How To Do a Film Photoshoot From Start to Finish
Come with me to get a behind-the-scenes look at how I approach a photoshoot from finding models, crafting the scene, editing, & everything in between.
I've been able to knit since I was a child, but it's only in the last year that it has become a hobby that occupies me almost daily. Knitting awakens many of the senses that please me — it is calming, creative, warm, and something I get better at the more I practice.
This has led to many homemade sweater vests in my home, which I cannot keep. Forever a fan of putting my things to use, I thought, what better way to 'use' these sweaters than by having a photoshoot?
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What Is the Setting of This Shoot?
For the shoot, I also brought a dress I purchased from Mabel Made – Mabel is 18 years old and designs dresses in her home in Missouri. She is mind-blowingly talented.
I chose a cozy, retro setting for my photoshoot concept centered around handmade clothing. Finding the ideal home for it proved to be a challenge. Fortunately, through Peerspace, I found a loft described as "unique, retro, and futuristic," which seemed perfect after viewing the photos. Additionally, I could rent lighting through the booking, which alleviated the unpredictability of lighting in a home compared to a studio.
What Camera Did I Use?
I used a Hasselblad 500C and a Canon 5D Mark III for this shoot. I shot with Kodak Portra 160 in color and Ilford HP5 400 in black and white. Working with film and digital gives me extra flexibility in editing since I can't always tell which will look better until after the fact. A bonus of shooting with color film is that if it doesn't scan well, I can rescan it in black and white, which often looks nicer. Some film photographers would take offense at this suggestion, but it doesn't interfere with my workflow.
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I am fortunate to have my sister Annabelle nearby in college, and her friends offered to assist me with modeling. In particular, Dawsey stepped up and presented herself as our model, while Annabelle used her artistic skills and makeup experimentation to create amazing behind-the-scenes photos of the photoshoot. She's genuinely talented in makeup, combining artistry and a passion for exploration.
Our team was small - only three of us - so the shoot day went smoothly. I had booked two hours at the location, which I knew would be enough for me as I tend to work quickly (for better or worse). The space host let us in when I met Annabelle and Dawsey at the location. We took a quick look around and then got straight to the photoshoot.
Dawsey and I had never met before, so we got to know each other a bit. She was comfortable in front of the camera, making my job easy. To my surprise, there was ample light around the space, so I could take the shoot with only natural lighting instead of relying on rented equipment.
For Dawsey's shoot, I tried out a variety of looks in different locations. Sometimes portrait shoots can be intimidating because creating something exciting and unique is hard. But creating variation is easy if you move your subject around the space and give them different clothes, angles, and sitting positions. We moved all around the apartment, taking wide and tight shots, giving us plenty of variety.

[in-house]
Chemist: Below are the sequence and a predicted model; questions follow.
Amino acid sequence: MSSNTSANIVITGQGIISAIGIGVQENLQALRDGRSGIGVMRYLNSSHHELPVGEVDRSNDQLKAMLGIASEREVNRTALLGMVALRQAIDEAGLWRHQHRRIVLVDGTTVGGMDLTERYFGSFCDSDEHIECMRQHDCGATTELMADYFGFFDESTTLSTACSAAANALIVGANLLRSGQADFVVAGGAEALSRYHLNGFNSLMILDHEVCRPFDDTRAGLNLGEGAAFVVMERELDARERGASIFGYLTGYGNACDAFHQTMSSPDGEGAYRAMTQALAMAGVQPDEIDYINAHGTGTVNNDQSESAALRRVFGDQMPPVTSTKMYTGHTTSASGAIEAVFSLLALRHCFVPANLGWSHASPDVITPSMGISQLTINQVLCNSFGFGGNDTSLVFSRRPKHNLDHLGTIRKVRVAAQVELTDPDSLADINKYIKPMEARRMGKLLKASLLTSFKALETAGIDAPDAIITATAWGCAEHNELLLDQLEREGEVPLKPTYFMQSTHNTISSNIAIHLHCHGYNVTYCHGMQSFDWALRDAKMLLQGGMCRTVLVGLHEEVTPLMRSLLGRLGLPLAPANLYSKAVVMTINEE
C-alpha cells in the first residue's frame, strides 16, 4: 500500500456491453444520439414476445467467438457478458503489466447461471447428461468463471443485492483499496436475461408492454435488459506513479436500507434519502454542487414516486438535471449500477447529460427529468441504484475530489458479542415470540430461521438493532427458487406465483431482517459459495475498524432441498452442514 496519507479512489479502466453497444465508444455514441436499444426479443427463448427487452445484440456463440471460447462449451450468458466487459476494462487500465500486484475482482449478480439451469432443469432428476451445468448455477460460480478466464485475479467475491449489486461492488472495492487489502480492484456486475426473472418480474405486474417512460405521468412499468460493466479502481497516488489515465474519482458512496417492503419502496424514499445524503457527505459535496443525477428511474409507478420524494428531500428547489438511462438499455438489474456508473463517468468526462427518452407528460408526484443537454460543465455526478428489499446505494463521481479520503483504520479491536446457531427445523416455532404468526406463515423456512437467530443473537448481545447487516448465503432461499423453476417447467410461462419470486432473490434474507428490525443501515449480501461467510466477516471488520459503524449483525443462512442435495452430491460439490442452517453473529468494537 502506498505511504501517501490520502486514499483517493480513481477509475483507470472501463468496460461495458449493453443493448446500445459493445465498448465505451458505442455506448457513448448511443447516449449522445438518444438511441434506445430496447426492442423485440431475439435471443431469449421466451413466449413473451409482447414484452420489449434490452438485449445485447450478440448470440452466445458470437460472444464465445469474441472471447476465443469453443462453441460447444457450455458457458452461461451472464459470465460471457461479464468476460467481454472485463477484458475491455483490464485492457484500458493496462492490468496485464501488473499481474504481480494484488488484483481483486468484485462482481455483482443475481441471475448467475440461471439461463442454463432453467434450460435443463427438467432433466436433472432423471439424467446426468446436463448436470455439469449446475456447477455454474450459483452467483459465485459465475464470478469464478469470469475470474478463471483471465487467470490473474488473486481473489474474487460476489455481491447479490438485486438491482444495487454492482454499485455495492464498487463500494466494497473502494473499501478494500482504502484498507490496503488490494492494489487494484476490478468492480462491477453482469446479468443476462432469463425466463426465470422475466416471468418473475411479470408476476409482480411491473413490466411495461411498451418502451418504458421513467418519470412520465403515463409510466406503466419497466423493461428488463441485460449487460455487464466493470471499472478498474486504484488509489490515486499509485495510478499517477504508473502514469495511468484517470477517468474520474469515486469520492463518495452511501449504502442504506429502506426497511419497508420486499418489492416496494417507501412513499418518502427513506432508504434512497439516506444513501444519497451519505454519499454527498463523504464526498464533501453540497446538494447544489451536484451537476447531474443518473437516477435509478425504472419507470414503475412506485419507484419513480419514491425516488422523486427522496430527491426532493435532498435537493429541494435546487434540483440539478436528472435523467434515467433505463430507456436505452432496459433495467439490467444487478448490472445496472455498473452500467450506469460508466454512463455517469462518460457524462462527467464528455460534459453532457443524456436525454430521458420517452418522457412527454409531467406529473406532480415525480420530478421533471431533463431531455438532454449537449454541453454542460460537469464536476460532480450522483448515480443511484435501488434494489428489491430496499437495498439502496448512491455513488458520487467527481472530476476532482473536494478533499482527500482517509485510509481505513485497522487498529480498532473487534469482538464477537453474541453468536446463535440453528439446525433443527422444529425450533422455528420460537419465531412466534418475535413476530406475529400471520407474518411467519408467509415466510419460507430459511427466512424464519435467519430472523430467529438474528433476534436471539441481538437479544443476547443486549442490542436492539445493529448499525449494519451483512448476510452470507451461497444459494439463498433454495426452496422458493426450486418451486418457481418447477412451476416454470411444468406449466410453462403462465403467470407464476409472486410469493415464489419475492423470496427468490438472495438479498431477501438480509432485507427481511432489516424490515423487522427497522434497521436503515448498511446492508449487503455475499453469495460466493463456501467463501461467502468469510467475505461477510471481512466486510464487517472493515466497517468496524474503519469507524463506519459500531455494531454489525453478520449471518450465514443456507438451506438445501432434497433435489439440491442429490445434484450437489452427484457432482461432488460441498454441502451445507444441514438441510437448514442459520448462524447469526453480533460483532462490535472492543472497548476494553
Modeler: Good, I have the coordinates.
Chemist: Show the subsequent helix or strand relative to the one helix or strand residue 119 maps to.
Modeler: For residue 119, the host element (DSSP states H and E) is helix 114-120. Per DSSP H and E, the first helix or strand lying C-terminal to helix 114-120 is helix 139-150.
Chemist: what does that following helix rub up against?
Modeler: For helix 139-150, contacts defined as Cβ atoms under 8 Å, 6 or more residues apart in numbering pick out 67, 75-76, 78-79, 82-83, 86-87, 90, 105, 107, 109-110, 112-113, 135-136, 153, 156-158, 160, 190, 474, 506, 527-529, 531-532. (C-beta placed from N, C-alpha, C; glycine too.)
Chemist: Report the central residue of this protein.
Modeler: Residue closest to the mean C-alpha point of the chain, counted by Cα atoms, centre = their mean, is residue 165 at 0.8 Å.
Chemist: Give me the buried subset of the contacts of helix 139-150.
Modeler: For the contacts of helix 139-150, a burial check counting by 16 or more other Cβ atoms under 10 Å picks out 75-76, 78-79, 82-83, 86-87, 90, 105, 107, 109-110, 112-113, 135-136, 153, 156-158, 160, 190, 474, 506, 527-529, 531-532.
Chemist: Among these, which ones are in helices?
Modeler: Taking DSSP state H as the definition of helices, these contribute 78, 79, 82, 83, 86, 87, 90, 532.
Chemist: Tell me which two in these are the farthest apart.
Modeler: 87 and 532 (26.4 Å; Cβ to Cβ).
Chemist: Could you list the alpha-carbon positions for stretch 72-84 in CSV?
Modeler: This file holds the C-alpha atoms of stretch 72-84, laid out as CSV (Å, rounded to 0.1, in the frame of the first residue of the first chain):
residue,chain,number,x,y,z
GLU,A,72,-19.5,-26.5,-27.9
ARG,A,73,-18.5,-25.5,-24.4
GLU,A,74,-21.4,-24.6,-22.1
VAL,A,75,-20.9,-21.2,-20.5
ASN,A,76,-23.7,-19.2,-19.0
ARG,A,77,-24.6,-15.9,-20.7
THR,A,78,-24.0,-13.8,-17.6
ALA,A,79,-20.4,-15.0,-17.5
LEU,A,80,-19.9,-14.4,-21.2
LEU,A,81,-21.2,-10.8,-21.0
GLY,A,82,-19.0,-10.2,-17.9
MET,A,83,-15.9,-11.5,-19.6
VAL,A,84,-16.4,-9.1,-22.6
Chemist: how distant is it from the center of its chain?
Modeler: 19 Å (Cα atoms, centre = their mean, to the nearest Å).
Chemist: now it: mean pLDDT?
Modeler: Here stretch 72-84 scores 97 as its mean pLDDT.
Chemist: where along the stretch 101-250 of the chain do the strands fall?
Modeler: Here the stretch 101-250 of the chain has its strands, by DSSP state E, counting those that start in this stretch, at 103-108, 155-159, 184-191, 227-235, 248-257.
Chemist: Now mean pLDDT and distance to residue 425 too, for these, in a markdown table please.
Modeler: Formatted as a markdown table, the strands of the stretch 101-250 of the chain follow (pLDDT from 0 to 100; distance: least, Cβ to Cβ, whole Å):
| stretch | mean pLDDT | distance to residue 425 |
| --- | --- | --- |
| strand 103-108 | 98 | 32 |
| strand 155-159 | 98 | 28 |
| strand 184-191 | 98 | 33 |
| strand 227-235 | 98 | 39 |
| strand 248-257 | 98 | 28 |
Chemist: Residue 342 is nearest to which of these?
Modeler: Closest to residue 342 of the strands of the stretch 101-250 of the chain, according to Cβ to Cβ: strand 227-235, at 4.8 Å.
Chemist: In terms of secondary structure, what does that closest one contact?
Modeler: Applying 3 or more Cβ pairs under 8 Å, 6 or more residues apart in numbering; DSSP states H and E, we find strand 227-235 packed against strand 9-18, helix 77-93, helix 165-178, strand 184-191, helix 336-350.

The next day, I developed the film in my bathroom. I've written an article about creating at home – it's linked here. It took me a while as I only had one small tank and could only develop one roll at a time. Since the ISO was low for shooting indoors (160), I had to push both colors to make it a one-stop process. After an extended length of development, the photos turned out well.
I'm becoming increasingly comfortable with developing, so I watched TV while doing it. I've recently been watching season 2 of "You," and it's truly something else. I'm late to this show's game, but I highly recommend it if you're into spooky stuff. This show is perfect for me since I'm a complete wimp – if you want to get the thrill of a horror show without the risk of being unable to sleep afterward, this is a great option. Thankfully, I haven't had any nightmares yet. But I digress!
While waiting for the film to dry, I edited my digital photos. I do this through Bridge (for culling) and Lightroom (for color correcting and cropping).
Is It Cheating To Edit Your Film Photos?
Hot take: editing your film photos shouldn't be frowned upon! Reheat your afternoon cup of coffee for a little film chat.
Once I had exported the photos and written this article, my film was just about dry. I use an Epson V600 scanner at home for scanning. There are better scanners, but it does their job well and is reasonably priced. Although scanning is quite a chore, I could be more meticulous when handling my negatives. Model scanners are very careful during manipulation, as they always wear gloves and use canned air to remove dust particles from the scanner and negatives. As for me, I use my bare hands and deal with any dust in Lightroom afterward. When I worked in a lab, I was always very cautious with customers' negatives, but I'm much more relaxed with my own.
The software Silverfast is excellent for scanning. Scanning takes a bit of time, and some people like to mess with the tones within Silverfast, but I typically save that for afterward in Lightroom.
After transferring my images to my computer, I imported them into Lightroom. I began editing, including toning, cropping, and dust spot correcting — a process that typically takes me the longest out of all the steps involved in a photoshoot. It is pretty tedious, especially spot-correcting, and I strive for perfection with each Image. I took considerable time to edit the photos from this shoot before narrowing down my selection of ~50 edited images to my favorite shots. The collection consists of black-and-white film shots, color film shots, and digital shots.